November 2018 archive
A few people I've worked with used malaprops a lot. When context makes the intended word obvious, why not say something different? At one job we had a bunch of alternate terms we used routinely, many of them juvenile (e.g. mammary instead of memory).

This seemed perfectly natural. Odd words usually passed without comment unless the construction was particularly inventive. My favorite was when a co‑worker said crustacean instead of escutcheon.

It's a programmer thing (not that we have a monopoly on this type of humor). You can say a 'wrong' word around most any (American) software engineer and they'll get that it's a joke.

Not everyone does. I was talking to my doctor about a paronychia and at one point called it a paramecium instead and he just thought I was confused. I thought to myself, he probably doesn't hang out with programmers much.

I handed a piece of mail to a clerk at the post office this afternoon. She tried to weigh it but wasn't satisfied by how the scale was working and went to get a five pound weight to calibrate it with. "I have to collaborate my scale," she said.

What to do? I didn't know her, I didn't know if she was screwing up calibrate on purpose. I loved it, I thought it was a great substitution. But not knowing the spirit in which it was intended, I just let it pass.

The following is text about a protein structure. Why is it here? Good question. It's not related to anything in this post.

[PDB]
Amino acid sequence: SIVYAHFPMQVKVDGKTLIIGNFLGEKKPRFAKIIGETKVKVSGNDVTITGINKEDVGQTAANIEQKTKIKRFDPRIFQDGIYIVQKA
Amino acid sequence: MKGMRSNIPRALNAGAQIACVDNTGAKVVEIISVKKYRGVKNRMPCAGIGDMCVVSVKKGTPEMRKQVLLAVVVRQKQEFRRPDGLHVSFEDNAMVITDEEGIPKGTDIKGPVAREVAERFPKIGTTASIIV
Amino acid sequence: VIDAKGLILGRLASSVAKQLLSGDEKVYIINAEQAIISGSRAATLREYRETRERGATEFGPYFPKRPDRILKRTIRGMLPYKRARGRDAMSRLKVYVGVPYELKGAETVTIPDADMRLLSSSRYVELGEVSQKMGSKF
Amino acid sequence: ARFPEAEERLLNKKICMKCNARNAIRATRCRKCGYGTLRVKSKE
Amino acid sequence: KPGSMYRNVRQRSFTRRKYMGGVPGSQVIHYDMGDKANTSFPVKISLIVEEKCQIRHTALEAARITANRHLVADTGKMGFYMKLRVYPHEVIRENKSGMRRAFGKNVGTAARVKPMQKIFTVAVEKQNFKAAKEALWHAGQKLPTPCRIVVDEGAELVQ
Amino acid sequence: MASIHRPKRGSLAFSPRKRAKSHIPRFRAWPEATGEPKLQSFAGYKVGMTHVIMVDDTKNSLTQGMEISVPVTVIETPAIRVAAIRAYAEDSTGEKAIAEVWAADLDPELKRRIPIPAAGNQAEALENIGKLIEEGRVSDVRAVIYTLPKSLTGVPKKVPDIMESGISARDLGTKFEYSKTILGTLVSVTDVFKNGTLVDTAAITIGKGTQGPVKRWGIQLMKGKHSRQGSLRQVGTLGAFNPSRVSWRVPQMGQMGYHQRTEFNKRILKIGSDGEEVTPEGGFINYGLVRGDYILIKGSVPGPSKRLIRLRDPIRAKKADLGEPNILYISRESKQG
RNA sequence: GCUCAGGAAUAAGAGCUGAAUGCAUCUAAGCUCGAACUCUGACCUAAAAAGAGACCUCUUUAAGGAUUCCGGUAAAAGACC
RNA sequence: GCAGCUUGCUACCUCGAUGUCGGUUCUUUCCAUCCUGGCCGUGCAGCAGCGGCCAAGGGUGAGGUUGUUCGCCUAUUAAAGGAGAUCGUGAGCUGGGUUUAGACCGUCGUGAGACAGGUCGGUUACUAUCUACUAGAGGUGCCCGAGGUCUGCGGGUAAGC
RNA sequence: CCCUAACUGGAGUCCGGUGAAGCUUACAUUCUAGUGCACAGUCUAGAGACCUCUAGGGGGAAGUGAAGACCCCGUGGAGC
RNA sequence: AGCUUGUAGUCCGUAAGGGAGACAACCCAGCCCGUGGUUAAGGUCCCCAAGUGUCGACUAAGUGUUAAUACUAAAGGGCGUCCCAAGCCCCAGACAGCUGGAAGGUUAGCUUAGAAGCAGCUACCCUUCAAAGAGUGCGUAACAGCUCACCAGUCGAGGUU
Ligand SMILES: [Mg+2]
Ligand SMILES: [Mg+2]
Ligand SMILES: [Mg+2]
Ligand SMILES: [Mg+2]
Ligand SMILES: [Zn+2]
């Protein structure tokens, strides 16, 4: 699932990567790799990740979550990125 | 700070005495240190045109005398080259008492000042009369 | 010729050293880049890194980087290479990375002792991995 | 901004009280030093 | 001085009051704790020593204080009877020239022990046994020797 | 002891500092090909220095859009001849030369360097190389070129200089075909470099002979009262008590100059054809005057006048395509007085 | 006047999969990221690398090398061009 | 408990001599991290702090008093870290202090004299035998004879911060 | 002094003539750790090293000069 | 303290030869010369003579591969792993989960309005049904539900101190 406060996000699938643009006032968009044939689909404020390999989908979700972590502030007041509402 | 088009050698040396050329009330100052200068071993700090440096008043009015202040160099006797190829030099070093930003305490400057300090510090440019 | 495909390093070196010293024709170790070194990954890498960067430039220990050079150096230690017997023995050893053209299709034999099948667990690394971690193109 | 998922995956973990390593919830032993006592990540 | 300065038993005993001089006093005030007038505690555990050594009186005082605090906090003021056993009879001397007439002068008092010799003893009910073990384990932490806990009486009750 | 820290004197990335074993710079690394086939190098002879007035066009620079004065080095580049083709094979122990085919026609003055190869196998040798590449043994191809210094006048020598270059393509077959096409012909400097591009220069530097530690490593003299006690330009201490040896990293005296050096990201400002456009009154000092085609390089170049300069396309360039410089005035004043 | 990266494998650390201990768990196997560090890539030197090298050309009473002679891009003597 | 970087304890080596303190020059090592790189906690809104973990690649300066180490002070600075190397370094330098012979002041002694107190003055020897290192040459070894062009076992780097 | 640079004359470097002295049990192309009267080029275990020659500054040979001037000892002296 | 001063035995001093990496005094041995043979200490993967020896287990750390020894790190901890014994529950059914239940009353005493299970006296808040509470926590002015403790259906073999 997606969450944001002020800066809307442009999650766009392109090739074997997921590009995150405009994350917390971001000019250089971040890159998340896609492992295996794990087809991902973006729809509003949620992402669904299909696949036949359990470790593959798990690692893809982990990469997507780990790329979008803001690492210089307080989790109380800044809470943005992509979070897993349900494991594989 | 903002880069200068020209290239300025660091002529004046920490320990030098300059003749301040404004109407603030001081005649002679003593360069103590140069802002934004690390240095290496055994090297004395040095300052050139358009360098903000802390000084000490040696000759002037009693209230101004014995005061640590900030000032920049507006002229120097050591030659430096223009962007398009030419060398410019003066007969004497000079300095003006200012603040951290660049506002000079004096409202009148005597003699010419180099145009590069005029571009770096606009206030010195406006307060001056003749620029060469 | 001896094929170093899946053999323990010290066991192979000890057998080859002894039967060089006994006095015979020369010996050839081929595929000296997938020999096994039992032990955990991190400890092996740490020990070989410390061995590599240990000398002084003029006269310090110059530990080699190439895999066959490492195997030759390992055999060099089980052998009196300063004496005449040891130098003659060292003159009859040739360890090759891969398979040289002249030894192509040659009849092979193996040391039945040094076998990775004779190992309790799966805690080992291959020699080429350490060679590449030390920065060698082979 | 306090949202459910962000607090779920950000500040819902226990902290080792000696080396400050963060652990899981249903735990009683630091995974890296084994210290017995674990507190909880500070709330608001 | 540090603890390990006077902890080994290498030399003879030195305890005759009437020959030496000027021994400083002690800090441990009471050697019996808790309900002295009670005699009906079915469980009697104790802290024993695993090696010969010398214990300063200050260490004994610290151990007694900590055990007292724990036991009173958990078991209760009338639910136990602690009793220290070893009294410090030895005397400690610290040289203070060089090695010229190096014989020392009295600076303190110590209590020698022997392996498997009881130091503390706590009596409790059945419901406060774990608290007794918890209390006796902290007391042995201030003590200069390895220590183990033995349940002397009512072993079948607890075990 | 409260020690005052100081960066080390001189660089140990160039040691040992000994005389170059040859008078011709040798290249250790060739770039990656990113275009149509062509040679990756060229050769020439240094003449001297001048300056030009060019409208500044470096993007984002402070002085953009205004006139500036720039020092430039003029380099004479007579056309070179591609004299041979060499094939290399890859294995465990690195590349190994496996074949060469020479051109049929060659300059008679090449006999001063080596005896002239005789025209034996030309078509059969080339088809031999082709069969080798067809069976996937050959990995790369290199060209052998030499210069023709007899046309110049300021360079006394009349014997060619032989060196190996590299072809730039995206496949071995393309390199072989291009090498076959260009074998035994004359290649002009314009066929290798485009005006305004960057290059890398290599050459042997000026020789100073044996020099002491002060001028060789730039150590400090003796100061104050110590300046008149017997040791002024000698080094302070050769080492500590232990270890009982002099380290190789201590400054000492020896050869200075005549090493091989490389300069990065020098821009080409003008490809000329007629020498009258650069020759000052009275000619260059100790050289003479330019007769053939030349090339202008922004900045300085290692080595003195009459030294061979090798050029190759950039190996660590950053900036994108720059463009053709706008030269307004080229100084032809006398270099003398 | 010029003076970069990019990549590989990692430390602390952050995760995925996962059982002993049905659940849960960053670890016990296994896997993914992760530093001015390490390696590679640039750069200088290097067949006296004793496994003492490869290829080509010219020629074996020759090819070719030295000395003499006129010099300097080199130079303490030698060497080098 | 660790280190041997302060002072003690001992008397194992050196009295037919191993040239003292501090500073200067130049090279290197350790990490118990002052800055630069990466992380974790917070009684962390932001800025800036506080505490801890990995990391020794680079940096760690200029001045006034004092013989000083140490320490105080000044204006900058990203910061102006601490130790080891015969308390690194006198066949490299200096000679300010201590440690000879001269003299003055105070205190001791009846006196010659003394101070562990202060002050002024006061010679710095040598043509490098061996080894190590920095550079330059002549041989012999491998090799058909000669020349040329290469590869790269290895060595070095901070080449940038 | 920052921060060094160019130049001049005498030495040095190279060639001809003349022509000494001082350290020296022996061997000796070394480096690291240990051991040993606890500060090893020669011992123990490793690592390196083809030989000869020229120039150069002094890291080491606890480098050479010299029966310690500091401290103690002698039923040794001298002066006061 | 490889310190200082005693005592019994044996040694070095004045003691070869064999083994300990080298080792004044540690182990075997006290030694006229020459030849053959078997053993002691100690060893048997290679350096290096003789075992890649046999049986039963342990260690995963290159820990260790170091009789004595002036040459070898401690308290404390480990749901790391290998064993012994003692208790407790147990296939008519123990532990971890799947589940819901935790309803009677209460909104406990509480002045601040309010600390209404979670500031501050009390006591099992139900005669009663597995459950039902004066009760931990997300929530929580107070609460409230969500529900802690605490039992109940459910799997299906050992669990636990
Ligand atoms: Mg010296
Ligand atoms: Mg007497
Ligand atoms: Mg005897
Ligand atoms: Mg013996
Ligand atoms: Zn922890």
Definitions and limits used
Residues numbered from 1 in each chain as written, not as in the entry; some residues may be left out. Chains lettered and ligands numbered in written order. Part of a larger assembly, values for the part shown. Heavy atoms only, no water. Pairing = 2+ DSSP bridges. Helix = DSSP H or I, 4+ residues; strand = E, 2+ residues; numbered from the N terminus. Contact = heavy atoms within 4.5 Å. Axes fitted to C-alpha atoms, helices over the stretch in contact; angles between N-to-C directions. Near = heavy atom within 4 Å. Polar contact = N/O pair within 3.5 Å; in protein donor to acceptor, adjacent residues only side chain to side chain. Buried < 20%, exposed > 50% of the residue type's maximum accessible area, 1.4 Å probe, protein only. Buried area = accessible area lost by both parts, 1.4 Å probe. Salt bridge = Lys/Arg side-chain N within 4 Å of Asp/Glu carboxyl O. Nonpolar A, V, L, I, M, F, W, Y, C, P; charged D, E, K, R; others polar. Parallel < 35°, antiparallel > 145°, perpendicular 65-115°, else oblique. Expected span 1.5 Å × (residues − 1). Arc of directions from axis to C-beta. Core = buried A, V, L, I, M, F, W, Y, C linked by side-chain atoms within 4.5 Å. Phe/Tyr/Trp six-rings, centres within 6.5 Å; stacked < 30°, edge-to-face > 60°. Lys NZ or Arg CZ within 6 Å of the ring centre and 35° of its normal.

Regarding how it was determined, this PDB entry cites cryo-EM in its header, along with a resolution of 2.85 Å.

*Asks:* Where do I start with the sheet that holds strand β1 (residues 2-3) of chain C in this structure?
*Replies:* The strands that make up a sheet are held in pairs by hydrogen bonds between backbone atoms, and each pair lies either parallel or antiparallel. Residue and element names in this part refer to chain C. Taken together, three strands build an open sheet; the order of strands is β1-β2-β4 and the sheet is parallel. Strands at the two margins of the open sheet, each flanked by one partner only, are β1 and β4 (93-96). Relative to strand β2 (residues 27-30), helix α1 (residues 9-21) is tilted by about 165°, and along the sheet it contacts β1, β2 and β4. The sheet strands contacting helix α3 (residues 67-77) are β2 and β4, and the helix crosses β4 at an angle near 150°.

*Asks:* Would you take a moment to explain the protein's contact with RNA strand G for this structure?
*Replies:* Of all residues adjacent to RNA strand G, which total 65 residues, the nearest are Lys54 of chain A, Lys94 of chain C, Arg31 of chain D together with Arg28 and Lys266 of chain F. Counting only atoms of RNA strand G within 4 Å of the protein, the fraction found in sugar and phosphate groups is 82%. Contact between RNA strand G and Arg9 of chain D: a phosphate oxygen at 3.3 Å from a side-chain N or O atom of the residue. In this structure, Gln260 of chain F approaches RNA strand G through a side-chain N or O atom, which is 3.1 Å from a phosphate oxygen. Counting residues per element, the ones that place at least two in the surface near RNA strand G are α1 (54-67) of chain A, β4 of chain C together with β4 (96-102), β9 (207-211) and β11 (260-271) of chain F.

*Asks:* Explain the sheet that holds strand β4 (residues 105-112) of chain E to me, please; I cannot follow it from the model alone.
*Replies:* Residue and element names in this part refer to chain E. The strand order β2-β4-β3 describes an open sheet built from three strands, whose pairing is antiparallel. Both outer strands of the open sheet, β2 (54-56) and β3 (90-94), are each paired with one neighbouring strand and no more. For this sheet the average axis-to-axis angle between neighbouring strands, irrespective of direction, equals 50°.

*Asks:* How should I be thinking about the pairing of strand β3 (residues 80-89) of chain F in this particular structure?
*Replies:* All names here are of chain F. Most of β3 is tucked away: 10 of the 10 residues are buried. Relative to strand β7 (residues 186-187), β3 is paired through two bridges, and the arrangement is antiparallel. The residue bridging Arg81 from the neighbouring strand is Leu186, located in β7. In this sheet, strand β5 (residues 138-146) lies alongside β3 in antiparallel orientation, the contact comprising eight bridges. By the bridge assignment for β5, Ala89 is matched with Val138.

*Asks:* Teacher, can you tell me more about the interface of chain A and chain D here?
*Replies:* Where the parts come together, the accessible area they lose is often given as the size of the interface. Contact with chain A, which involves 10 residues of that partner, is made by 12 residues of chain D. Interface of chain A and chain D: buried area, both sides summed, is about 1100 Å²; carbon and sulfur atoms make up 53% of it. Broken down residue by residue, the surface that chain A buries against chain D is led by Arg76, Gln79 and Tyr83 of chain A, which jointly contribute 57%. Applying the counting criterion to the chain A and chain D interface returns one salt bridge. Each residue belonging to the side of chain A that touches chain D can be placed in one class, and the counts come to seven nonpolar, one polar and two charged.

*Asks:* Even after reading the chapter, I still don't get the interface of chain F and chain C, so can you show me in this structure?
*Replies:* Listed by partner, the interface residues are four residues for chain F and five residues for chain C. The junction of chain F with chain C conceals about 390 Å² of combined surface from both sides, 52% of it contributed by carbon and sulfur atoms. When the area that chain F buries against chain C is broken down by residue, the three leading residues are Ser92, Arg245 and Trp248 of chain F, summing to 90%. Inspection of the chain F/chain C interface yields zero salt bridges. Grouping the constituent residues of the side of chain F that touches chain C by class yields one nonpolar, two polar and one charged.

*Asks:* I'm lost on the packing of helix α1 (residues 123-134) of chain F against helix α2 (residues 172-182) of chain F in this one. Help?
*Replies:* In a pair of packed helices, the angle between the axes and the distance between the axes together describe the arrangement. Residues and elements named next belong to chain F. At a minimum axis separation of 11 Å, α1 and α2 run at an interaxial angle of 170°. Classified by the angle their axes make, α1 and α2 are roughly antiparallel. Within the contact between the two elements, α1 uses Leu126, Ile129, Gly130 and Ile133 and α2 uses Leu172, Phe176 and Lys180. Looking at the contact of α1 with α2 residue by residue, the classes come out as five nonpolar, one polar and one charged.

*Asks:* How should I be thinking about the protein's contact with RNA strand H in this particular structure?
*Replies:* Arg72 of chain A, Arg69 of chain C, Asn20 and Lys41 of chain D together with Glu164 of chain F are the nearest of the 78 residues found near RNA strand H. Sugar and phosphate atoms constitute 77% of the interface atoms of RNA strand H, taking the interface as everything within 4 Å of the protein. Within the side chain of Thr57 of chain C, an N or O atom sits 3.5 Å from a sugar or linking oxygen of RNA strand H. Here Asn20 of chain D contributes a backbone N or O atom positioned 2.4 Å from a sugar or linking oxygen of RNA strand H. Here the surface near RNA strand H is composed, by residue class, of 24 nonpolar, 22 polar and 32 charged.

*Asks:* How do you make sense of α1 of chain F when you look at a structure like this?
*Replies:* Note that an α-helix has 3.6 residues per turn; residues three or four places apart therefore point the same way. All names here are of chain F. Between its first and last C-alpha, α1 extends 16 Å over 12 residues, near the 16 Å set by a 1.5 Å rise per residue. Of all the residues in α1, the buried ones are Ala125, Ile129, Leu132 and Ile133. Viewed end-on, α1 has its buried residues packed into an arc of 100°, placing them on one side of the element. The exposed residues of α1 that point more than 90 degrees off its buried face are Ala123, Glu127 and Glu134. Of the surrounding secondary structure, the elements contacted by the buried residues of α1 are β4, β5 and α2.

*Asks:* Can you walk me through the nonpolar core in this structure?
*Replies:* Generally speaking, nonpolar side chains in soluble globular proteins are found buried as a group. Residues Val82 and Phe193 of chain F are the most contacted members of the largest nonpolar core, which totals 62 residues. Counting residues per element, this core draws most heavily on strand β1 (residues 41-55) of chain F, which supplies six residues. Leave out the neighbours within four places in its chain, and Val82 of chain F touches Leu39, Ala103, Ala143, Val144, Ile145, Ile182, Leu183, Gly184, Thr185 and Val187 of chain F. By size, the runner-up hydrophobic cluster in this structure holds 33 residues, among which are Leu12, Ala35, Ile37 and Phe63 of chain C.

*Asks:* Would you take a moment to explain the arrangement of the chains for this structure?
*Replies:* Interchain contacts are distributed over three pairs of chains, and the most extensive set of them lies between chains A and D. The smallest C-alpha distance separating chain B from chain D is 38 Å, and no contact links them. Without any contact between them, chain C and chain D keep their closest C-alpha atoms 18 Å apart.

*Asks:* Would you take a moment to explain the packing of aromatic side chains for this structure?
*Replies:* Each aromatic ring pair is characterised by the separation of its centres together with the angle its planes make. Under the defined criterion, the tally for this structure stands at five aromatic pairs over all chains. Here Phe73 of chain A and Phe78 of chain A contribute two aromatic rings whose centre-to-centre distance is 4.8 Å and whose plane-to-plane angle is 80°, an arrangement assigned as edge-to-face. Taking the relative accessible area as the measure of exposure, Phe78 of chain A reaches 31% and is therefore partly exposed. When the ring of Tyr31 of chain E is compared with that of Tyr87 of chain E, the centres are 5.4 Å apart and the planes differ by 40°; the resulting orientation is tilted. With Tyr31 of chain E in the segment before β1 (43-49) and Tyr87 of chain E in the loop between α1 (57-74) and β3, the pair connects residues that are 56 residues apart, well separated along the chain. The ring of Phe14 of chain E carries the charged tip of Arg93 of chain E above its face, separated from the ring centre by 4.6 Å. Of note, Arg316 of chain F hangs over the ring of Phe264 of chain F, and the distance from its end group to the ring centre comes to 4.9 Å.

I liked the aphorism/poem
Losing one glove
is certainly painful,
but nothing
compared to the pain
of losing one,
throwing away the other,
and finding
the first one again.
immediately because it reminded me of situations I've been in.

I liked it even more when I read that it was a message encoded as metaphor to get past censors. Explanation and context here.
The Bank of England wants to put a portrait of a prominent [and dead] British scientist on a new £50 note and is soliciting suggestions.

I submitted a name today. The person I chose was absolutely a top‑knotch* scientist but I'm guessing he won't be the Bank's choice.

* aberrant spelling following this example
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